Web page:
A plea to Marc Tucker (and his colleagues)

Neerav Kingsland

Marc Tucker is the author of an important new report: Fixing Our National Accountability System. You can find the executive summary here.

Although Marc and I disagree on the promise of Relinquishment (most specifically on charter schools), I agree with much of this thinking.

But, in this report, Marc makes a strategic mistake in dismissing choice-based reforms.

To put it another way: if there is a grand bargain to be made that significantly increases student achievement in the United States, it could look like this:

  • Reduce testing frequency and increase testing rigor
  • Improve the quality of the teaching force
  • Increase charter schools and choice

Why could this bargain work? Because both Democrats and Republicans might actually support all three strategies.

Why might Marc’s vision not be realized without a charter strategy? Because, without charters, his reforms reduce testing accountability and increase spending, without increasing any elements of choice, competition, or entrepreneurship.

This is likely a nonstarter for many Americans, especially centrist and conservative policy makers.

Seventy percent of the public supports charter schools. Urban charter schools outperform traditional schools. And countries such as South Korea have shown that choice and competition can increase student achievement.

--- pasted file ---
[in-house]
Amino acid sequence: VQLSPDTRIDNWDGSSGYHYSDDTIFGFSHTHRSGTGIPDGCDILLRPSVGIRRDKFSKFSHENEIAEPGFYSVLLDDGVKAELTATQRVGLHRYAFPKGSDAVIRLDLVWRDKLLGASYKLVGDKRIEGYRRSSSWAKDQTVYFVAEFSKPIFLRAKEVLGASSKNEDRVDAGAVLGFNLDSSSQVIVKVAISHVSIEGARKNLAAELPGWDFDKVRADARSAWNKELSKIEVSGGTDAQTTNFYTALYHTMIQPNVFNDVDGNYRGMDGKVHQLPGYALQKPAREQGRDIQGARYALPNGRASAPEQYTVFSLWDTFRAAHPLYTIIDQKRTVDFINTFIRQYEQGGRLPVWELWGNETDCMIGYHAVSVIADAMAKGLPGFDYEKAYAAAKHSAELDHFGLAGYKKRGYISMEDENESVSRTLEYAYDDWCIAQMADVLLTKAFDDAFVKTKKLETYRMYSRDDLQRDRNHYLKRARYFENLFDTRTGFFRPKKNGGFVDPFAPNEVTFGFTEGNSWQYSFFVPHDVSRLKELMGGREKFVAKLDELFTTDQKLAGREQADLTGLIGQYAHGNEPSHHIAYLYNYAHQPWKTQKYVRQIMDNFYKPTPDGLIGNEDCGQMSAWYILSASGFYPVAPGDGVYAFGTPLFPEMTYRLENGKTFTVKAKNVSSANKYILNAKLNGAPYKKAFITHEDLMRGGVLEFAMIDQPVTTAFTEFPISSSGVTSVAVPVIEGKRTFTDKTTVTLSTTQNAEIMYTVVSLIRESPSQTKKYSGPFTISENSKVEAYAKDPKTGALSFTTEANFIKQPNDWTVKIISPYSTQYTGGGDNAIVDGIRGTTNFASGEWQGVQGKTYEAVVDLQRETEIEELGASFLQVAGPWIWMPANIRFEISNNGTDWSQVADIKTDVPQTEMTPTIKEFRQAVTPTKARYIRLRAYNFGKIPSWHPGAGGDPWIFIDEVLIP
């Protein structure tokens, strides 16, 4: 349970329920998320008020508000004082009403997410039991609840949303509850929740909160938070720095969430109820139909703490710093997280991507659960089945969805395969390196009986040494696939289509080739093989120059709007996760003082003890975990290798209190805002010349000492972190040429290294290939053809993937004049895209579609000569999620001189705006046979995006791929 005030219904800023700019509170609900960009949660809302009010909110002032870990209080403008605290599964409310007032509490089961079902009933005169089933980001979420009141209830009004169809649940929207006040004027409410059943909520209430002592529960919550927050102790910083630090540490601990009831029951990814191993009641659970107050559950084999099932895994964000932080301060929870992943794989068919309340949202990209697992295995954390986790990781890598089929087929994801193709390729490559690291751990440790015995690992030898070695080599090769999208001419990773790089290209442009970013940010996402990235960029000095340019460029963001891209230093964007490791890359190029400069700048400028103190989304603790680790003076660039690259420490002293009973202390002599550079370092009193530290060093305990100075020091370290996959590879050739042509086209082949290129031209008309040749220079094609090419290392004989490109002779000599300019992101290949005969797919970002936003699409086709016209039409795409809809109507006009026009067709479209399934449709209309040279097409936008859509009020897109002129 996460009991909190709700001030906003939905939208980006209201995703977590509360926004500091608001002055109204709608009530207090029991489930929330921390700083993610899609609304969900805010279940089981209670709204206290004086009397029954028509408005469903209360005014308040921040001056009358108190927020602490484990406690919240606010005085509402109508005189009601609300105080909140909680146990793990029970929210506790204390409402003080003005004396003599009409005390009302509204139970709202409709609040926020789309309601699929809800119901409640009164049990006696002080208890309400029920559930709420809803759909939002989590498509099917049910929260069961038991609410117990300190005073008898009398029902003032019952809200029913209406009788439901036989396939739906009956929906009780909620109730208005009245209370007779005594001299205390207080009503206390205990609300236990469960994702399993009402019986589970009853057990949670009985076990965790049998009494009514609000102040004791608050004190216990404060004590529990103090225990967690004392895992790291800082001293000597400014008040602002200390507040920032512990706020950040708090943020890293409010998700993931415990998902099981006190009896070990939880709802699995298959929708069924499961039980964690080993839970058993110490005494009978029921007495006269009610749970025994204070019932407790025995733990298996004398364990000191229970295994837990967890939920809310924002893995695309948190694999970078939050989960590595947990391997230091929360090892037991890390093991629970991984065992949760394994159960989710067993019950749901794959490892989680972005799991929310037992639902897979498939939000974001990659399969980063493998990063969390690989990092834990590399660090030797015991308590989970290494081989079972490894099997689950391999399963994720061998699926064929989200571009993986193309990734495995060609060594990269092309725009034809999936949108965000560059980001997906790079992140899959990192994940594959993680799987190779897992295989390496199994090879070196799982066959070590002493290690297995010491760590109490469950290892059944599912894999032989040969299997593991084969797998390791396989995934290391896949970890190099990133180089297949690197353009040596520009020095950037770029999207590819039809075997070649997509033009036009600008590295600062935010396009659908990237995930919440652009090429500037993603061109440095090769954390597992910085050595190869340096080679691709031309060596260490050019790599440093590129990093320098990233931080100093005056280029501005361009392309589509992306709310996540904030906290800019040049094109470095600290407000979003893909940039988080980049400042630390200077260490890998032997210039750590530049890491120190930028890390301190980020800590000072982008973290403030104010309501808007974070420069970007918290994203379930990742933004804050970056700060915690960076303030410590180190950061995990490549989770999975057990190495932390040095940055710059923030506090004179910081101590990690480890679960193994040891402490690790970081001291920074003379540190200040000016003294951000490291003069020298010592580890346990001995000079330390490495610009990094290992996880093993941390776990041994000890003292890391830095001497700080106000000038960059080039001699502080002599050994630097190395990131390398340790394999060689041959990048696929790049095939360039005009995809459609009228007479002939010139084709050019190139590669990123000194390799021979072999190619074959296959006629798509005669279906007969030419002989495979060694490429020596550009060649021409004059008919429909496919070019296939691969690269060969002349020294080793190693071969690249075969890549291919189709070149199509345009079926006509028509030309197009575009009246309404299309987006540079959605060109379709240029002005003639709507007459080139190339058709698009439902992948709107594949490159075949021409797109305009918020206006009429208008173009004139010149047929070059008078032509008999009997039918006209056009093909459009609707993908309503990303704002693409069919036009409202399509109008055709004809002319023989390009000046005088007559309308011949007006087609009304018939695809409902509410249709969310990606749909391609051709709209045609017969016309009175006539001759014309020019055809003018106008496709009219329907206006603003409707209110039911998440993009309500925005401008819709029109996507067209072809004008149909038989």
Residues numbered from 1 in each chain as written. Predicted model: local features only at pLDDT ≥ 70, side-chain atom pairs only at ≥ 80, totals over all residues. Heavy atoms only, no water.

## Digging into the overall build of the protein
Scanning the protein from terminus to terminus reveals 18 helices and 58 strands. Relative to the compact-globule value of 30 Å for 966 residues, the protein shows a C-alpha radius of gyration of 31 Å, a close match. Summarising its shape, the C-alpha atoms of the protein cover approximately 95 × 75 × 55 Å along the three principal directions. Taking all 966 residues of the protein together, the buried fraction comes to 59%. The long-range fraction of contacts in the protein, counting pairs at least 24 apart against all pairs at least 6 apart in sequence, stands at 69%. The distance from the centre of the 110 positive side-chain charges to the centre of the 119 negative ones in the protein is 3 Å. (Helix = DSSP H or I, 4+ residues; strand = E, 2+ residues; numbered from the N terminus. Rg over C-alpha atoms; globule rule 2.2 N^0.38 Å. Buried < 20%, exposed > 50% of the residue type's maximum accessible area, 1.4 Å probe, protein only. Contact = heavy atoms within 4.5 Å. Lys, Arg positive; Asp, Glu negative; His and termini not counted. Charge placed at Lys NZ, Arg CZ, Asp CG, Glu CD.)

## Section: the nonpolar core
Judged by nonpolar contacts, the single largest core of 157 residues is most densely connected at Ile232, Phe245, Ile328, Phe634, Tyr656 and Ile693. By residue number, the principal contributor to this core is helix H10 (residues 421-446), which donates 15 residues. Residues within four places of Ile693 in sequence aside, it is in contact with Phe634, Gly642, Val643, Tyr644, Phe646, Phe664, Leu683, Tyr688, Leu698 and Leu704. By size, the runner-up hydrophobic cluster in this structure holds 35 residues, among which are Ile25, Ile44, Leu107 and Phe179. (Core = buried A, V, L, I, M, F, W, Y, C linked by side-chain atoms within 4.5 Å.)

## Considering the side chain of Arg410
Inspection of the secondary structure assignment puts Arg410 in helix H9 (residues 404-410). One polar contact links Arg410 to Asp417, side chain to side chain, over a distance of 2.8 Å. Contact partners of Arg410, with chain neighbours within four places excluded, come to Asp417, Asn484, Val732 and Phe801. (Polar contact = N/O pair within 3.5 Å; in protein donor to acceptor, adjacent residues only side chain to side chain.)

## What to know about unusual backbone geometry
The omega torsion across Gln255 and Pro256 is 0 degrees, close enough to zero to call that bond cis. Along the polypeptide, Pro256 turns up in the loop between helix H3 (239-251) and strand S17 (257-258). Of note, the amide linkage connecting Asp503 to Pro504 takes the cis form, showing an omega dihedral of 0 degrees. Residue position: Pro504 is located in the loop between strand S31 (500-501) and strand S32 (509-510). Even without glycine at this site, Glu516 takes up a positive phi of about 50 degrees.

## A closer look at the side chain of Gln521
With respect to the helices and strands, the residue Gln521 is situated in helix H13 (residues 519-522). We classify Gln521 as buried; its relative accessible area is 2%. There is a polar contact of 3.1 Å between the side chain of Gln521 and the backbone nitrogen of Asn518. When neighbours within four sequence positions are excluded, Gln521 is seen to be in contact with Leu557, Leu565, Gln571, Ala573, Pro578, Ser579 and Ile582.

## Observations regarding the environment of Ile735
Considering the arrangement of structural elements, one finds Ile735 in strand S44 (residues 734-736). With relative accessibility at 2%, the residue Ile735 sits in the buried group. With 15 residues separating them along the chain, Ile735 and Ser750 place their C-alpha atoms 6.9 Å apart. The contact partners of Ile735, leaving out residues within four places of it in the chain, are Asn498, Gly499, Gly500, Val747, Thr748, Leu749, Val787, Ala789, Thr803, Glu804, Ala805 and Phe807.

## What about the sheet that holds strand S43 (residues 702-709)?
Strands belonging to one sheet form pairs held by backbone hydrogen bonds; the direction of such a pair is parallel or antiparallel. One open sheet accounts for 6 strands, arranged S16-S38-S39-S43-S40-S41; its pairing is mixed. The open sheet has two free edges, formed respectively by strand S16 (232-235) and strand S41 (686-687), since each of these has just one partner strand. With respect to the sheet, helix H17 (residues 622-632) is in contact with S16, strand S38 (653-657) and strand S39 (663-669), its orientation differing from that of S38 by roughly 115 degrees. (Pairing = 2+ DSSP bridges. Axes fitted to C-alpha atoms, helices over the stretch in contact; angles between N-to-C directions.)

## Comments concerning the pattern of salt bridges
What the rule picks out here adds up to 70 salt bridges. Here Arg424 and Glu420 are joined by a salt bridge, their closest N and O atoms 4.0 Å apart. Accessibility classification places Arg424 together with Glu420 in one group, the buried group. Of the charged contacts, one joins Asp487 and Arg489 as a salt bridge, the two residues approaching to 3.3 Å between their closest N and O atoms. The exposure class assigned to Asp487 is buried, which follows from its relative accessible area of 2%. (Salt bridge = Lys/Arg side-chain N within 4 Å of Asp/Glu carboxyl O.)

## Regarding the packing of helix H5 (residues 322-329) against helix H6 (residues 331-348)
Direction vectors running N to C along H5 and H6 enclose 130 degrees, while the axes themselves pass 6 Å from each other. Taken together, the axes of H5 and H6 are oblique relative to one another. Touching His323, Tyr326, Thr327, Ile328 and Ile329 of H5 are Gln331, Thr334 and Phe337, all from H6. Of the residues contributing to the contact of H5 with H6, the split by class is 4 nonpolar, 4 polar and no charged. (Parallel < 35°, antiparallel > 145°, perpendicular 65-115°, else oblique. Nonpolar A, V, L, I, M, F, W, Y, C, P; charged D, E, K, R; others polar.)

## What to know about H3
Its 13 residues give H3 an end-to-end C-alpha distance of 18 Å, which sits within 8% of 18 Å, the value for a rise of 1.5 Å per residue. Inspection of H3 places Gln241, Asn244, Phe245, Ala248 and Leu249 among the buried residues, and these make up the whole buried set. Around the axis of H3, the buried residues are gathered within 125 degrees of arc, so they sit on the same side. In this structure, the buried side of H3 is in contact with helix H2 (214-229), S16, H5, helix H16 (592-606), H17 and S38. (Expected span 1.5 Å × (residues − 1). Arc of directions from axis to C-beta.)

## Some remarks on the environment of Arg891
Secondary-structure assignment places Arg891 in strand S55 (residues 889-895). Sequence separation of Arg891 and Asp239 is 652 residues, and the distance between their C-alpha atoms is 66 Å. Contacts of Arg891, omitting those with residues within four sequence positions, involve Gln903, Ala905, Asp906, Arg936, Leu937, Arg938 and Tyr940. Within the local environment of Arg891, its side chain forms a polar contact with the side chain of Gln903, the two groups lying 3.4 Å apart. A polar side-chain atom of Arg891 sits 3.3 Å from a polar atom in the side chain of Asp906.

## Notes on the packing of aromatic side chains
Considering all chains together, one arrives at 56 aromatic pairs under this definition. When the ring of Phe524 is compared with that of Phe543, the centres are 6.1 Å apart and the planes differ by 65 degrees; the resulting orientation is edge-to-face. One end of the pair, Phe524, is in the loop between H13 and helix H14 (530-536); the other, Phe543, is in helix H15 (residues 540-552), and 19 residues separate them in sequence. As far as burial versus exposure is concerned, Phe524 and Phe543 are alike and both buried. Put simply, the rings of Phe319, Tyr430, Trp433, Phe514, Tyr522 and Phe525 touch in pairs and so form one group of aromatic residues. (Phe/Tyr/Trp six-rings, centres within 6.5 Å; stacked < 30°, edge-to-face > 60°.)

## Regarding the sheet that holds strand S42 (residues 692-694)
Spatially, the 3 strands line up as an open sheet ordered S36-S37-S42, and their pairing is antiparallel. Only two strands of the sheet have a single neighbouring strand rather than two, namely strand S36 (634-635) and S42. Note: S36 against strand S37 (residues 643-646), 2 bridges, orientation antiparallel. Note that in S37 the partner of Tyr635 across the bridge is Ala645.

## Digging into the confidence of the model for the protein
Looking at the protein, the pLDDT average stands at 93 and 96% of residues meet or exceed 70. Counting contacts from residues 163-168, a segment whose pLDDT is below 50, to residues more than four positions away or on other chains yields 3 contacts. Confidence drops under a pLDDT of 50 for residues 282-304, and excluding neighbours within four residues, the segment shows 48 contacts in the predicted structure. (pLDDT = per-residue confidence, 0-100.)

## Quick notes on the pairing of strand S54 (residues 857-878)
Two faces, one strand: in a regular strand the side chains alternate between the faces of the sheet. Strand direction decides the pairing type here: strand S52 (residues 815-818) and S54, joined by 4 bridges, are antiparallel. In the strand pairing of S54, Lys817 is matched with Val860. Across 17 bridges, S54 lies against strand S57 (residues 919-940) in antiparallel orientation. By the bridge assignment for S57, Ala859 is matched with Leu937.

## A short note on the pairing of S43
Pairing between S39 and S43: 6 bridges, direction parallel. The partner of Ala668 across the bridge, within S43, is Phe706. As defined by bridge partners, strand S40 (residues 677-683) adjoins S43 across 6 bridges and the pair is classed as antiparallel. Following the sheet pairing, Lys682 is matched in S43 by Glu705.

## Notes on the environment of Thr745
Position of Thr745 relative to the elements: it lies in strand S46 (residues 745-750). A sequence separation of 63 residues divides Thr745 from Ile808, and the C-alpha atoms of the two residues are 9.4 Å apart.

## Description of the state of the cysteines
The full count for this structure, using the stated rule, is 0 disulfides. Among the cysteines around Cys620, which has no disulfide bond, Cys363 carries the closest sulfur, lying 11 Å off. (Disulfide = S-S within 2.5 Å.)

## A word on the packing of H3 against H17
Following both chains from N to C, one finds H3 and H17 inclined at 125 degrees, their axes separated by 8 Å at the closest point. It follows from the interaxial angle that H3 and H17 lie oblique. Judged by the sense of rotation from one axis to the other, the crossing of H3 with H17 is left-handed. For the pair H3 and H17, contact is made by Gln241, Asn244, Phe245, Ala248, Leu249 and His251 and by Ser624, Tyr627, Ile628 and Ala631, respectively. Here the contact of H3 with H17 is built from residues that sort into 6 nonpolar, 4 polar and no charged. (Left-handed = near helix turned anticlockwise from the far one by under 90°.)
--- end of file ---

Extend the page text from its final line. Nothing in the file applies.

Pragmatically, Marc would be much more likely to see his vision realized if he embraced charter schools. And I believe firmly that this would be better for students.

So here’s my plea: Marc, embrace charters and choice in addition to your other excellent policy recommendations.

Regarding the report, I had mixed feelings, which I divided as follows:

Where I agree with Marc:

  • Testing: Marc’s main proposal is that we conduct three high stakes tests: fourth grade, eighth grade, and any time after tenth grade. And that we make these tests extremely rigorous. I support this. This model is both more compatible with personalized learning (students do not have to master the same material on an annual basis); it provides much more room for innovations in curriculum; and it provides real measurement of progress at key points in a child’s development.
  • Accountability: Marc proposes that states maintain websites that publish the performance of every school’s performance on these aforementioned tests. He is against letter grades—and while I find letter grades useful in translating complicated data into digestible information—I would not die on the alter for letter grades if the state provided transparent information. Additionally, one could imagine non-governmental organizations taking this data and creating their own rating schemes.
  • Teacher quality: Marc’s main proposals are to increase teacher pay, overhaul teacher career ladders, and give more time for planning and collaboration. I generally agree with these recommendations (though I would rather have the latter two be developed by schools rather than by state mandates). I would also add overhauling colleges of education into the mix. I would also have spent much more time detailing how we’d pay for increased teacher salaries.